Press reactions to the Stockholm Conference on the Human Environment (see also 'News and comment' on page 359) were, perhaps un>avoidably, mixed. Many laid most stress on such features as the absence of the Russian and other governments, the tons of paper circulated, and the activities of fringe and political groups. Yet a heartening measure of agreement was reached on many issues and, if only the governments of the world translate these into action, real progress might be made. A major topic considered by the n o countries represented was the growing contamination of the oceans and here a number of proposals were adopted, including principles for the control of marine pollution (one aim being to eliminate by the mid-1970's all deliberate discharging of oil from ships), a draft convention on ocean dumping, and international programmes to assess and monitor the extent and dangers of marine pollution. The worries which led to this spate of proposals owed much to the activities of ornithologists in recent years, for birds have proved both on land and at sea one of the best indicators of possible threats. In this connection, therefore, it is appropriate that the first joint conference of the three major British ornithological organisations, to be held in London on 21st November 1972, will be on 'Birds in the Modern Environment' with the aim of explaining to amenity and conservation bodies, industrialists, technicians and the Government just how vital this contribution has been in the past and how much research is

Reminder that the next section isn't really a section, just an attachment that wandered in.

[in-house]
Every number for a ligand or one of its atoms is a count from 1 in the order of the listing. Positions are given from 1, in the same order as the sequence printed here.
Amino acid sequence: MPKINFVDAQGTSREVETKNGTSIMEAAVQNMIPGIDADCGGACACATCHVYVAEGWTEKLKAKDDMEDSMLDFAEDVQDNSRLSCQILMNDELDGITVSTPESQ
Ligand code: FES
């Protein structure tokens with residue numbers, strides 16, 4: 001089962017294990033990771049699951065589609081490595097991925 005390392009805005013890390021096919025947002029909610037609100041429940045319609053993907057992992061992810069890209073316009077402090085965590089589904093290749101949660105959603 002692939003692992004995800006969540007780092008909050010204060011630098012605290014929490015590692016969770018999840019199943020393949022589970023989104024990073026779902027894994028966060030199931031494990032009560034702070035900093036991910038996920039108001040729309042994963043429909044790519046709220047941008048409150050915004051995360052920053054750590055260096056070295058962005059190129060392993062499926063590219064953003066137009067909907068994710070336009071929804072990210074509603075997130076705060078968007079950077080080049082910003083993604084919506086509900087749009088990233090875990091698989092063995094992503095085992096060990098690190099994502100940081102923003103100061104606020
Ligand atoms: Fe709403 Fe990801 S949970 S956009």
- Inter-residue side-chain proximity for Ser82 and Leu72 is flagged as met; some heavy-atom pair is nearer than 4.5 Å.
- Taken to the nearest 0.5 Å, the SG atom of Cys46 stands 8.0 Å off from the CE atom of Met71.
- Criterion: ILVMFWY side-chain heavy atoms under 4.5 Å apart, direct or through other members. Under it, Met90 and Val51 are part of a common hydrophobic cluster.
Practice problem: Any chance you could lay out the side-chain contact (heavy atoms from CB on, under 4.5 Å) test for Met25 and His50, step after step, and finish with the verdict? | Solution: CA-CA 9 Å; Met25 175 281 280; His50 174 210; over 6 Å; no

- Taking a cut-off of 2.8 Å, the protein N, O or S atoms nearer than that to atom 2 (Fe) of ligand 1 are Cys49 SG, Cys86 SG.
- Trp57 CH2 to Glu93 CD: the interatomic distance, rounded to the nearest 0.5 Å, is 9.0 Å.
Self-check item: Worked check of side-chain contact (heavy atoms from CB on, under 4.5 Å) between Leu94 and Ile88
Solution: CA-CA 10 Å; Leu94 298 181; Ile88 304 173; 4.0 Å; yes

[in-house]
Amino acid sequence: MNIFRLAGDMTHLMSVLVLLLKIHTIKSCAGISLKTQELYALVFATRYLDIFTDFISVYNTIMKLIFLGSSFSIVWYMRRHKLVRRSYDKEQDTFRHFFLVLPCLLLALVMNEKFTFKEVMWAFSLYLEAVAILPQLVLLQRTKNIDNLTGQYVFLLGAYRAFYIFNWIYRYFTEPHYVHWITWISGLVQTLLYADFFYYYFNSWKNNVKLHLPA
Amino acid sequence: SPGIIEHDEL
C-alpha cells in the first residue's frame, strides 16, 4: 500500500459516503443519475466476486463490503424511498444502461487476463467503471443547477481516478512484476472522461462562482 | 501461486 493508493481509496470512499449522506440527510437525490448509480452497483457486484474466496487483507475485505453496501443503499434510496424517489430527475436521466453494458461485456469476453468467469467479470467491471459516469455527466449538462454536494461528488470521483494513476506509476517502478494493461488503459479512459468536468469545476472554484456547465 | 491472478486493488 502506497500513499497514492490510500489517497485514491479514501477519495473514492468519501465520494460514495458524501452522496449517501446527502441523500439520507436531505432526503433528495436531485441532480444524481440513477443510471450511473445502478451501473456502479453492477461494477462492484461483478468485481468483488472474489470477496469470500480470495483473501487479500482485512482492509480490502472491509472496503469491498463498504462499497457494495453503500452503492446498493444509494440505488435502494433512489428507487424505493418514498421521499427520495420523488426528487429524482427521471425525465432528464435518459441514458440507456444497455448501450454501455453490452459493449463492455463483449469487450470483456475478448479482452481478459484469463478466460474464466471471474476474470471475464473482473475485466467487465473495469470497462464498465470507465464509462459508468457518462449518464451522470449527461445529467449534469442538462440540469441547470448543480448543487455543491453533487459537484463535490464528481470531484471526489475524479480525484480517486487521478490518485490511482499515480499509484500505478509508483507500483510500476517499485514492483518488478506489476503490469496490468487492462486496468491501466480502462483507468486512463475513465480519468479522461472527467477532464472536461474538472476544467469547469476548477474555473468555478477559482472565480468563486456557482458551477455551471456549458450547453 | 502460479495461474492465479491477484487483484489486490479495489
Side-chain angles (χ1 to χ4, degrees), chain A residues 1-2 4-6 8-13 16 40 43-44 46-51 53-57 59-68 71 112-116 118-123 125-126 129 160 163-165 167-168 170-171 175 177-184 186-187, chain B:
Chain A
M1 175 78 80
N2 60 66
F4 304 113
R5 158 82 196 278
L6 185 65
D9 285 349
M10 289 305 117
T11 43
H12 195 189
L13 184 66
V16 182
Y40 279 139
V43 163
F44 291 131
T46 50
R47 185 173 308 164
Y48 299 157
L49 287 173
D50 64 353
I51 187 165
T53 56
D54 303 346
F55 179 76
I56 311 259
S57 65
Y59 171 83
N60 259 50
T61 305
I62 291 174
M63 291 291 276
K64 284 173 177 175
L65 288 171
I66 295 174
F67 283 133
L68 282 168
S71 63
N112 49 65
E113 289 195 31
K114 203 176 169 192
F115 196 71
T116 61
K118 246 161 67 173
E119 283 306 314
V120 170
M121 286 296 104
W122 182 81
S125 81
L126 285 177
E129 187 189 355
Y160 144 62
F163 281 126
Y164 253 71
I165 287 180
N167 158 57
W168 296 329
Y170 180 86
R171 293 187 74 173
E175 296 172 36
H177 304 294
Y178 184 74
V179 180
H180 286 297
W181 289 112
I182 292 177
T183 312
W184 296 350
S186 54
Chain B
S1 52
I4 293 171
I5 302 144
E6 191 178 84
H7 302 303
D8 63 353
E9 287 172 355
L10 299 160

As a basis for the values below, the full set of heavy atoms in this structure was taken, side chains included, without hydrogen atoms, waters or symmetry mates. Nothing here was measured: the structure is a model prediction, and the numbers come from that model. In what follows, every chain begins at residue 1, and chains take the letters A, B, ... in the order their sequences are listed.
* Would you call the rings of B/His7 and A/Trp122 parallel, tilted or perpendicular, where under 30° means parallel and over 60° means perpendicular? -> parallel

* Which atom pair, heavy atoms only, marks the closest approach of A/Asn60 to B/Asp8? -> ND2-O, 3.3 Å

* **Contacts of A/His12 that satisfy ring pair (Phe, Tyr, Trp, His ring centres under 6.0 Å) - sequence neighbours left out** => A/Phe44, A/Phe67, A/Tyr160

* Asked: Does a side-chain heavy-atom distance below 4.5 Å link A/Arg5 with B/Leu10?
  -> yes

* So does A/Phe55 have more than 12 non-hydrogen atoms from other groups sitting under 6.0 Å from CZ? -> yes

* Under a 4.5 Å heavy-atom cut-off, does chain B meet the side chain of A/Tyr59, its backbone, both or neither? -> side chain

Issue 8

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